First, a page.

Othello has loved Desdemona as an extension of himself, and, in his moments of greatest contentedness, his marriage is sustained by an idealized vision of himself serving as the object of his exalted romantic passion. When he destroys Desdemona, as he realizes with a terrible clarity, Othello destroys himself; the act is a prelude to his actual suicide. Iago’s means of temptation, then, is to persuade Othello to regard himself with the eyes of Venice, to accept the view that Othello is himself alien and that any woman who loves him does so perversely. In Othello’s tainted state of mind, Desdemona’s very sexuality becomes an unbearable threat to him, her warmth and devotion a “proof” of disloyalty. Othello’s most tortured speeches (3.4.57—77, 4.2.49—66) reveal the extent to which he equates the seemingly betraying woman, whom he has so depended on for happiness, with his own mother, who gave Othello’s father a handkerchief and threatened him with loss of her love if he should lose it. Othello has briefly learned and then forgotten the precious art of harmonizing erotic passion and spiritual love, and, as these two great aims of love are driven apart in him, he comes to loathe and fear the sexuality that puts him so much in mind of his physical frailty and dependence on woman. The horror and pity of Othello rests, above all, in the spectacle of a love that was once so whole and noble made filthy by self-hatred. The tragic flaw thus lies in Othello’s maleness, in his fear of betrayal by the innocent woman he loves, and his apparent need to degrade her for the very thing he finds desirable in her—a tendency so common among men that Freud, in the early twentieth century, would declare it to be “the most prevalent form of degradation in erotic life” (in Freud’s Sammlung, volume 4).
The increasing surrender of Othello’s judgment to passion can be measured in three successive trial scenes in the play: the entirely fair trial of Othello himself by the Venetian Senate concerning the elopement, Othello’s trial of Cassio for drinking and rioting (when, ominously, Othello’s “blood begins my safer guides to rule,” 2.3.199), and finally the prejudged sentencing of Desdemona without providing her any opportunity to defend herself. In a corollary decline, Othello falls from the Christian compassion of the opening scenes (he customarily confesses to heaven “the vices of my blood,” 1.3.125) to the pagan savagery of his vengeful and ritualistic execution of his wife. “My heart is turned to stone” (4.1.184—5), he vows, and at the play’s end he grievingly characterizes himself as a “base Indian” who “threw a pearl away / Richer than all his tribe” (5.2.357—8). Iago knows that he must persuade Othello to sentence and to execute Desdemona himself, for only by active commitment to evil will Othello damn himself. In nothing does Iago so resemble the devil as in his wish to see Othello destroy the innocence and goodness on which his happiness depends.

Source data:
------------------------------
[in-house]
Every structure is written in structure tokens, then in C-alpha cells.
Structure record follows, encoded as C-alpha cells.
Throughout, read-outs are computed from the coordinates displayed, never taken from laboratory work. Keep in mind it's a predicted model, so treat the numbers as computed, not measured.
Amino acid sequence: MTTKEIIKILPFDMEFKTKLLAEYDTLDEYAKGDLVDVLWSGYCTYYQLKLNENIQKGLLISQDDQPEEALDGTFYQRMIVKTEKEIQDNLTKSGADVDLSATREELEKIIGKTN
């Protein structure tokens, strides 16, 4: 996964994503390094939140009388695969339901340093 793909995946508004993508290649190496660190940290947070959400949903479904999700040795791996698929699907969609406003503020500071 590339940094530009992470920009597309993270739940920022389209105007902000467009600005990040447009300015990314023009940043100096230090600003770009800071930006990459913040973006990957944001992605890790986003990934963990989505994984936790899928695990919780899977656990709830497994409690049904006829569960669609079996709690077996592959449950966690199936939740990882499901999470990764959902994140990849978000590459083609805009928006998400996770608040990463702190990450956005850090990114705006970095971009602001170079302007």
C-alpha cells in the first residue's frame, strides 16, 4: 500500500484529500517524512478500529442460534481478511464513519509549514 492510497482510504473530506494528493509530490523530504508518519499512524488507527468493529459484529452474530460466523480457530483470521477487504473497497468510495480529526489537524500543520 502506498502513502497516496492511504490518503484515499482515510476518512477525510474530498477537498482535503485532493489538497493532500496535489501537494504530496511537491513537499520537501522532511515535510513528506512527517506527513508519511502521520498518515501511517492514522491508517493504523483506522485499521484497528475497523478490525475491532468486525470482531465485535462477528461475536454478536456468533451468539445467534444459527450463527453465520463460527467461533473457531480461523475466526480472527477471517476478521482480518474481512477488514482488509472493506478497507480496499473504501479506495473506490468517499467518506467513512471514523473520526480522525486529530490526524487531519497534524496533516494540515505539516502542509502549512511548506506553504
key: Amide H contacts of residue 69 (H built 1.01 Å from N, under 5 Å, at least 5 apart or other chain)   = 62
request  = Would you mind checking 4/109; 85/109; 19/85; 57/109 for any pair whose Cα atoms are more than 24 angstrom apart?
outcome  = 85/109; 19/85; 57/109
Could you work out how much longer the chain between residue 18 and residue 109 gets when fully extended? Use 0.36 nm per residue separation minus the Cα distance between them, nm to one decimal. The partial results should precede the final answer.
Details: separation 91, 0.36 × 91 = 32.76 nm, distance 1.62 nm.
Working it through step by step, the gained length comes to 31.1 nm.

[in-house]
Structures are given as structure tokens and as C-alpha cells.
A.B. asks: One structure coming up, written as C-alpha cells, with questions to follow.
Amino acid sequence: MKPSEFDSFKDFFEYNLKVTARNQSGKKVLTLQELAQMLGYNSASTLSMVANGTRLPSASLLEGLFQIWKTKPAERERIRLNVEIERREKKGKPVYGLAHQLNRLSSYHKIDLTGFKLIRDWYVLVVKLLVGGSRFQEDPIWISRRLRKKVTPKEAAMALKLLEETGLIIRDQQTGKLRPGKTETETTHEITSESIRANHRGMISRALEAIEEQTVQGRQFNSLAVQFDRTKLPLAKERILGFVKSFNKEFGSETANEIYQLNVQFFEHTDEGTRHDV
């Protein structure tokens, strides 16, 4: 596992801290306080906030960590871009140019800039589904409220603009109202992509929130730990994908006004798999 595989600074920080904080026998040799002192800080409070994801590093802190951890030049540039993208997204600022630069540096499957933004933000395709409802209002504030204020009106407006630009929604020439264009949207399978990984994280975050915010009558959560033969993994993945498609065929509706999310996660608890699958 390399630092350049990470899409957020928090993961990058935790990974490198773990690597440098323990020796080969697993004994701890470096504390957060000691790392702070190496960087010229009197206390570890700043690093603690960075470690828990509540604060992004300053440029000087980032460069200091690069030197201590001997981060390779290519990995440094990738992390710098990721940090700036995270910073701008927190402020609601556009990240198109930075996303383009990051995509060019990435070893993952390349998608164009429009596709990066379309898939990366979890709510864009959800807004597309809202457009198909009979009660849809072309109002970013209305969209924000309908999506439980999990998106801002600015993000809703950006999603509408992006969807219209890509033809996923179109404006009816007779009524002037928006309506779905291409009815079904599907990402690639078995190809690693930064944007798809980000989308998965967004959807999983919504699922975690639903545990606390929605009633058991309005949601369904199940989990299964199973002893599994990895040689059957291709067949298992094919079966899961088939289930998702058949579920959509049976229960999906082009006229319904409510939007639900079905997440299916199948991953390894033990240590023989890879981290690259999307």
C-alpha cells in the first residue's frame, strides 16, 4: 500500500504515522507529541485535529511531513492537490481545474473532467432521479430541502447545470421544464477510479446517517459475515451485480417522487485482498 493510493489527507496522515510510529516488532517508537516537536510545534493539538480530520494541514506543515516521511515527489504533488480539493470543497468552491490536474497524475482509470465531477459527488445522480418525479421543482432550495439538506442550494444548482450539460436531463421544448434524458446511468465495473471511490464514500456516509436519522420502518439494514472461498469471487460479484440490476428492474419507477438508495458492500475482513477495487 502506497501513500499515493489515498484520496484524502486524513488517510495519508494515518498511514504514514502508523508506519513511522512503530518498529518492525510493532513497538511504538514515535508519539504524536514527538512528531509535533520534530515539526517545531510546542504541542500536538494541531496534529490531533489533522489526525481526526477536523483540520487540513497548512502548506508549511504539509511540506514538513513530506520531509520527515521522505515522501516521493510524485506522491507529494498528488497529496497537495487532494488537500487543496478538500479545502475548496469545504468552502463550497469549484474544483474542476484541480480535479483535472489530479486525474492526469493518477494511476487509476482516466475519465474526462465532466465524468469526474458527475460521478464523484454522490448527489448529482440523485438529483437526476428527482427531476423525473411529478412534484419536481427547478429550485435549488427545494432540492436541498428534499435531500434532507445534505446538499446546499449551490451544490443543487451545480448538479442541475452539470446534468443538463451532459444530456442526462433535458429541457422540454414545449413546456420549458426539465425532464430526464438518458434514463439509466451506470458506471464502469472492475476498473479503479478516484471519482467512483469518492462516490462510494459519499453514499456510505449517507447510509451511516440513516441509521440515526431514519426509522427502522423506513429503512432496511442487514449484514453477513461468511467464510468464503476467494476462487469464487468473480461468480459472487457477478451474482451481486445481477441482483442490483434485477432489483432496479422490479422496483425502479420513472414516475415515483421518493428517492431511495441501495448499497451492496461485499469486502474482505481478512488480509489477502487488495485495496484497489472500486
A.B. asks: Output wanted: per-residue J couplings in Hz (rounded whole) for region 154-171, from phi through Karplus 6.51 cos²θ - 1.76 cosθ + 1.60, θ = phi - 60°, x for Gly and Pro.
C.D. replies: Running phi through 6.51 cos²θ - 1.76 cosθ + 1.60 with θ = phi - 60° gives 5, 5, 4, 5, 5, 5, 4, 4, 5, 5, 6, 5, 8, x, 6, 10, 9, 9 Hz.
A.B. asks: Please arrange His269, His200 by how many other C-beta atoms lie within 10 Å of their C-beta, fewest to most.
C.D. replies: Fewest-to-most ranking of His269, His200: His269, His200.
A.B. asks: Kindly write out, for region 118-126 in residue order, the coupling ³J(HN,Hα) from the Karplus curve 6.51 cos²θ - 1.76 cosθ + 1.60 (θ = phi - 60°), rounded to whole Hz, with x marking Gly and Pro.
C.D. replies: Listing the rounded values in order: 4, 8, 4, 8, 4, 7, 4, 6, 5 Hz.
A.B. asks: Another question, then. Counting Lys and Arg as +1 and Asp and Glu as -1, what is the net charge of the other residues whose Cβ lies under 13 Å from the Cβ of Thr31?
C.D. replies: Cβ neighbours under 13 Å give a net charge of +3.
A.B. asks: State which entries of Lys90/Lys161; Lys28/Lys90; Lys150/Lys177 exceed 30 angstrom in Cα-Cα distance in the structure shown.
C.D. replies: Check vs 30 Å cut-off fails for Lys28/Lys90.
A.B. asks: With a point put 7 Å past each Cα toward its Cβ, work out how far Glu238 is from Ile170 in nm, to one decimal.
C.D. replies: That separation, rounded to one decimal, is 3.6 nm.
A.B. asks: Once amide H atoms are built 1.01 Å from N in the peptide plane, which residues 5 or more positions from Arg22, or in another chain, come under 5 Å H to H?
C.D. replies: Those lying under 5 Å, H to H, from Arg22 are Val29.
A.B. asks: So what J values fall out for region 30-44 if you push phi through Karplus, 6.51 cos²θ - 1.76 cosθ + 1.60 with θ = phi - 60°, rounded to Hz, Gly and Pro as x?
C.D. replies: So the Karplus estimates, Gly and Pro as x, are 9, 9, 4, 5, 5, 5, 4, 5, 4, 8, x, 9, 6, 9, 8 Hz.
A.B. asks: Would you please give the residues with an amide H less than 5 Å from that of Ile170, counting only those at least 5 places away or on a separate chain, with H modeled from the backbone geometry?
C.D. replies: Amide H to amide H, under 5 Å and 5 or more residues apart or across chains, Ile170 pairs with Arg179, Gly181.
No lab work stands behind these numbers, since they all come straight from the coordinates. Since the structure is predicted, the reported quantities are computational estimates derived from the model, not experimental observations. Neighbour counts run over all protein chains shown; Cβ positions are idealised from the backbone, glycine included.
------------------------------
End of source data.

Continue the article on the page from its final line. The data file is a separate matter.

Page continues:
The fate of some of the lesser characters echoes that of Othello, for Iago’s evil intent is to “enmesh them all” (2.3.356). Cassio, in particular, is, like Othello, an attractive man with a single, vulnerable weakness—in his case, a fleshly appetite for wine and women. For him, alternately idolizing and depreciating women as he does, the gap between spiritual and sensual love remains vast, but he is essentially good-natured and trustworthy. His seemingly genial flaws lead to disaster, because they put him at the mercy of a remorseless enemy. Iago is, with fitting irony, the apostle of absolute self-control: “Our bodies are our gardens, to the which our wills are gardeners” (1.3.323—4). Thus, Cassio’s tragedy is anything but a straightforward homily on the virtues of temperance. Similarly, Bianca is undone, not through any simple cause-and-effect punishment of her sexual conduct—she is, after all, fond of Cassio and loyal to him, even if he will not marry her—but because Iago is able to turn appearances against her. With his usual appeal to a priori logic, he builds a case that she and Cassio are in cahoots: “I do suspect this trash / To be a party in this injury … This is the fruits of whoring” (5.1.86—7, 118). Roderigo is another of Iago’s victims, a contemptible one, led by the nose because he, too, has surrendered reason to passion. Emilia cannot escape Iago’s evil influence and steals the handkerchief for him, despite knowing its value for Desdemona. Flaws are magnified into disasters by a remorseless evil intelligence. Men and women both must be ceaselessly circumspect; a good reputation is sooner lost than recovered. Emilia is a conventionally decent enough woman—she jests to Desdemona that she would be faithless in marriage only for a very high price—and yet her one small compromise with her conscience contributes to the murder of her mistress. Like Othello, she offers atonement too late, by denouncing her husband in a gesture of defiance toward male authority that says much about the tragic consequences of male mistrust of women. Desdemona is the only person in the play too good to be struck down through some inner flaw, which may explain why Iago is so intent on destroying her along with Othello and Cassio.
As a tragic hero, Othello obtains self-knowledge at a terrible price. He knows finally that what he has destroyed was ineffably good. The discovery is too late for him to make amends, and he dies by his own hand as atonement. The deaths of Othello and Desdemona are, in their separate ways, equally devastating: he is in part the victim of racism, though he nobly refuses to deny his own culpability, and she is the victim of sexism, lapsing sadly into the stereotypical role of passive and silent sufferer that the Venetian world expects of women. Despite the loss, however, Othello’s reaffirmation of faith in Desdemona’s goodness undoes what the devil-like Iago had most hoped to achieve: the separation of Othello from his loving trust in one who is good. In this important sense, Othello’s self-knowledge is cathartic and a compensation for the terrible price he has paid. The very existence of a person as good as Desdemona gives the lie to Iago’s creed that everyone has his or her price. She is the sacrificial victim who must die for Othello’s loss of faith and, by dying, rekindle that faith. (“My life upon her faith!” Othello prophetically affirms, in response to her father’s warning that she may deceive [1.3.297].) She cannot restore him to himself, for self-hatred has done its ugly work, but she is the means by which he understands at last the chimerical and wantonly destructive nature of his jealousy. His greatness appears in his acknowledgment of this truth and in the heroic struggle with which he has confronted an inner darkness we all share.